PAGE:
Most would also like to know what effects Toope’s (and other university presidents’) moves are having on Canadian students of both mainstream and Asian background. Toope and his colleagues should know that many students could not find summer jobs in 2010 to support themselves this year. Many have had to take on debt. When these students graduate, many will have to compete with foreign students for employment—thanks to an immigration policy of encouraging foreign students to stay in Canada.

    Furthermore, many B.C. students are already competing with both foreign students and recently-arived immigrants for a limited number of places in UBC faculties. Toope and his colloeagues should know, but probably don’t know, that most of this immigration of over 5 million people since 1990 was completely unnecessary. In fact, it was outright political fraud. But Toope and others have cheerled it. B.C. and the rest of Canada needs a thorough investigation of this entire topic. (See http://www.ImmigrationWatchCanada.org for details.)

    As for delaying the building of a hospice to accommodate Chinese sensitivities, UBC should be telling Janet Fan and her fellow condo owners that this is Canada. It is not a colony. If they don’t want to adapt to the culture here, they have a place they can return to.

    Toope and UBC should develop the backbone to get off their knees and say this and much more publicly.

  8. There are some areas that immigrants will have to accept as part of living in Canada. If they want to maintain their sensitivities, they should not have moved to a country that honours death by providing a dignified way to do it.

  9. As an senior citizen in the last stages of a desease, I only hope to be close to the living until the end. There is no livier and uplifting group than students. Build the hospice.

  10. Pardon my ignorance, but which religion supports the belief that dying humans constitute a threat to the balance of living people? Any religious scholars care to enlighten us?

  11. Ms. Fan disgusts me. If she doesn’t want a hospice near herself, then she should go back to her original country. Hospices provide a dignified place for the dying and their families to go. SHAME ON YOU!!!!! SUCH A DISGRACE for all the other Asian who want to live in harmony in Canada.

  12. There are pro and cons to build a hospice at Hawthorn Place,UBC. All the humongous comments made will have no definite answers.In order to respect the very Canadian value and sort out the problem, the best way to to hold a referendum to decide the destiny. Each and every strata holder of the Hawthorn Place is entitled to vote.

  13. How are they entitled to a vote? Where do you get your information? Is my nephew, a UBC student and resident of Gage Tower then entitled to vote on the basis of his proximity to the proposed Hospice? Please enlighten us as to the criteria one must meet to become “entitled”.

  14. Only the home owners of the Hawthorn Place are entitled to vote.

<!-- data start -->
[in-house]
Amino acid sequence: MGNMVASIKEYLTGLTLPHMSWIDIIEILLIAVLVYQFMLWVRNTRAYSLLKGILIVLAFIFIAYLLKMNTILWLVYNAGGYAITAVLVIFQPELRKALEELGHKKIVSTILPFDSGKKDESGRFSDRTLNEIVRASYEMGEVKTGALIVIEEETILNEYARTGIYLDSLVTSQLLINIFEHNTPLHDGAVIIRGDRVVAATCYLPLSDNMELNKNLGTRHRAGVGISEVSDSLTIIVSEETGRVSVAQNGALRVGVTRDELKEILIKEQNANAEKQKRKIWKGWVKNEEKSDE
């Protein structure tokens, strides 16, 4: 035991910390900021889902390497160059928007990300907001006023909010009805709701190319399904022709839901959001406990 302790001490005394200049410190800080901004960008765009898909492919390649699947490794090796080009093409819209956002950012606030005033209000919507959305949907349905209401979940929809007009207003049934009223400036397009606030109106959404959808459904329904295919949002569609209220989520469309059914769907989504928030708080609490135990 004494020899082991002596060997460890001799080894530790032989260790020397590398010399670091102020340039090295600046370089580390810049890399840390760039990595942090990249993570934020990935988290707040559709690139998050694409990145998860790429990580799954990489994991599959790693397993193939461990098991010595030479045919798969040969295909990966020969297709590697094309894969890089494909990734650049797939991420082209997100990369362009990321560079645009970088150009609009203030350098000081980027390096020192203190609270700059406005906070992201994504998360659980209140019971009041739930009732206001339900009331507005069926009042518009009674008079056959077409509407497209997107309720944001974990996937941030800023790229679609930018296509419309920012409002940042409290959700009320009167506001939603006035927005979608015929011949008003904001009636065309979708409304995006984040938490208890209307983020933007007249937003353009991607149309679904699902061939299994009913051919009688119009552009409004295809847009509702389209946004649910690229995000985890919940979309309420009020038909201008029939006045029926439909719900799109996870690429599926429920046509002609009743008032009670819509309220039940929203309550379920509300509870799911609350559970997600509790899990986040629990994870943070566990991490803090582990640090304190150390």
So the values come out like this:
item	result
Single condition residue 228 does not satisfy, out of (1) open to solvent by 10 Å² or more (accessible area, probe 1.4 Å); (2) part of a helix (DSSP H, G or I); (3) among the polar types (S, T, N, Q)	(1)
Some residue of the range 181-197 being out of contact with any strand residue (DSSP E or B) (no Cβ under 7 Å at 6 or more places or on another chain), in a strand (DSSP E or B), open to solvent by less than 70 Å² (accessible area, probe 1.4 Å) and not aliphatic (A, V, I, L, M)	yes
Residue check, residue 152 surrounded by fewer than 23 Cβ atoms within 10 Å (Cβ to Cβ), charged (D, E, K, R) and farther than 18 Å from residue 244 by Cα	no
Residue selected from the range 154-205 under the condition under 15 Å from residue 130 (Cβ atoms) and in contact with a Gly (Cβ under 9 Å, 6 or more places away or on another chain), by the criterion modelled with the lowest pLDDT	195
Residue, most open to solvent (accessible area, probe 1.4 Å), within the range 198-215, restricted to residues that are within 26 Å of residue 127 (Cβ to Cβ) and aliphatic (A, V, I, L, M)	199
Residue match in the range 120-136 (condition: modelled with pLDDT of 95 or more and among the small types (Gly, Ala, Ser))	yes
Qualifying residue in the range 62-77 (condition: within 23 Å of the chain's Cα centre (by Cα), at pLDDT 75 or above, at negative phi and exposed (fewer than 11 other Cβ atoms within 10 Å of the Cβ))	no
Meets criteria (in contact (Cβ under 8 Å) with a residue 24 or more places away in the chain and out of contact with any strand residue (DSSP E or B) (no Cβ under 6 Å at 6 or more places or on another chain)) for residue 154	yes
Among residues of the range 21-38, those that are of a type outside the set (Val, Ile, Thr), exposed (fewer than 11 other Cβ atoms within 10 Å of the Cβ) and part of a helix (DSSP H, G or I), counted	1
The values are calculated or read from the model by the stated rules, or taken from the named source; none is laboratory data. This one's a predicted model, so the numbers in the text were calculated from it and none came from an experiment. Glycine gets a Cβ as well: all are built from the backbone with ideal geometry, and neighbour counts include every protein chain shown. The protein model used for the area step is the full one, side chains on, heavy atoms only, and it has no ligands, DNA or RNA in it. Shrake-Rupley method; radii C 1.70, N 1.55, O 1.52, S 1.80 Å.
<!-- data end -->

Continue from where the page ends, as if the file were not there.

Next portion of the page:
15. I agree!
    SHAME ON YOU MS. FAN.
    IF YOU HAVE NOTHING BETTER TO WORRY ABOUT, THEN HOW SAD FOR YOU!!

  16. As an Asian observer, this is obviously a reprehensible display, by this group of peoples. It is as reprehensible as the petition and protest instigated by the 99% of European-descent condo owners who were decrying the “evils” of a semi-independent living seniors home, about to be built in the vicinity. Their best argument against?

    The concern for the safety of the seniors.

    Unfortunately, “NIMB” happens EVERYWHERE, across the board.

  17. FAN disgusts me. Everything about her disgusts me and I think she should go back to China.

  18. Seriously though, this has nothing to do with ‘cultural’, or ‘belief’, or any other excuses Fan was trying to tell us. The real reason is she and her neighbour think the hospice will lower their property value………..

  19. Jack, once again, WHY are they entitled to a vote? Who has told you the residents of either Hawthorne Place or Promontory will be asked to vote on something that is not on their property, which is still owned by UBC under a 99 year lease.

  20. Glen: the superstitious belief Ms. Fan is concerned about is the Yin and Yang of life and death mixing, which comes from Taoism.

  21. Canada respects the feelings of the immigrants. Immigrants should also reciprocate the same way to Canada and its citizens.

    It is recommended that these Asians who doubt the establishment of a Hospice should understand what exactly is it. “Hospice is a place where the terminally ill are served.” Should they believe in the ghost stories, its best that they return to their native place and continue with their belief.

    University of British Columbia should not have postponed its plans to build a hospice on campus. All the delay would reflect on the “weakness of the Canadian systems and belief” and not highlight the concerns for “Cultural Sensitivity”

  22. Well, I am glad there are so many upright persons in our society. However, I don’t think it is so much a “culture difference” in this case. That notion is a bit too “heavy” too generalized once again when issues that involve Chinese. I think it is most likely owing to superstition and “good, but not in my back yard” syndrone. Talking about “rich people”: Don’t we all want to get rich(maybe, not you)? Nothing wrong with being rich! Rich or not, people spend money to make other people earn money, i.e. developers and real esate agents, etc. in UBC’s residential building case, and in turn, the developers and real estate agents can spend money to buy cars, clothes, or go to moives and restaurants, travel etc. etc. And, in turn, people like you and I can have the precious time surf internet and participate in this….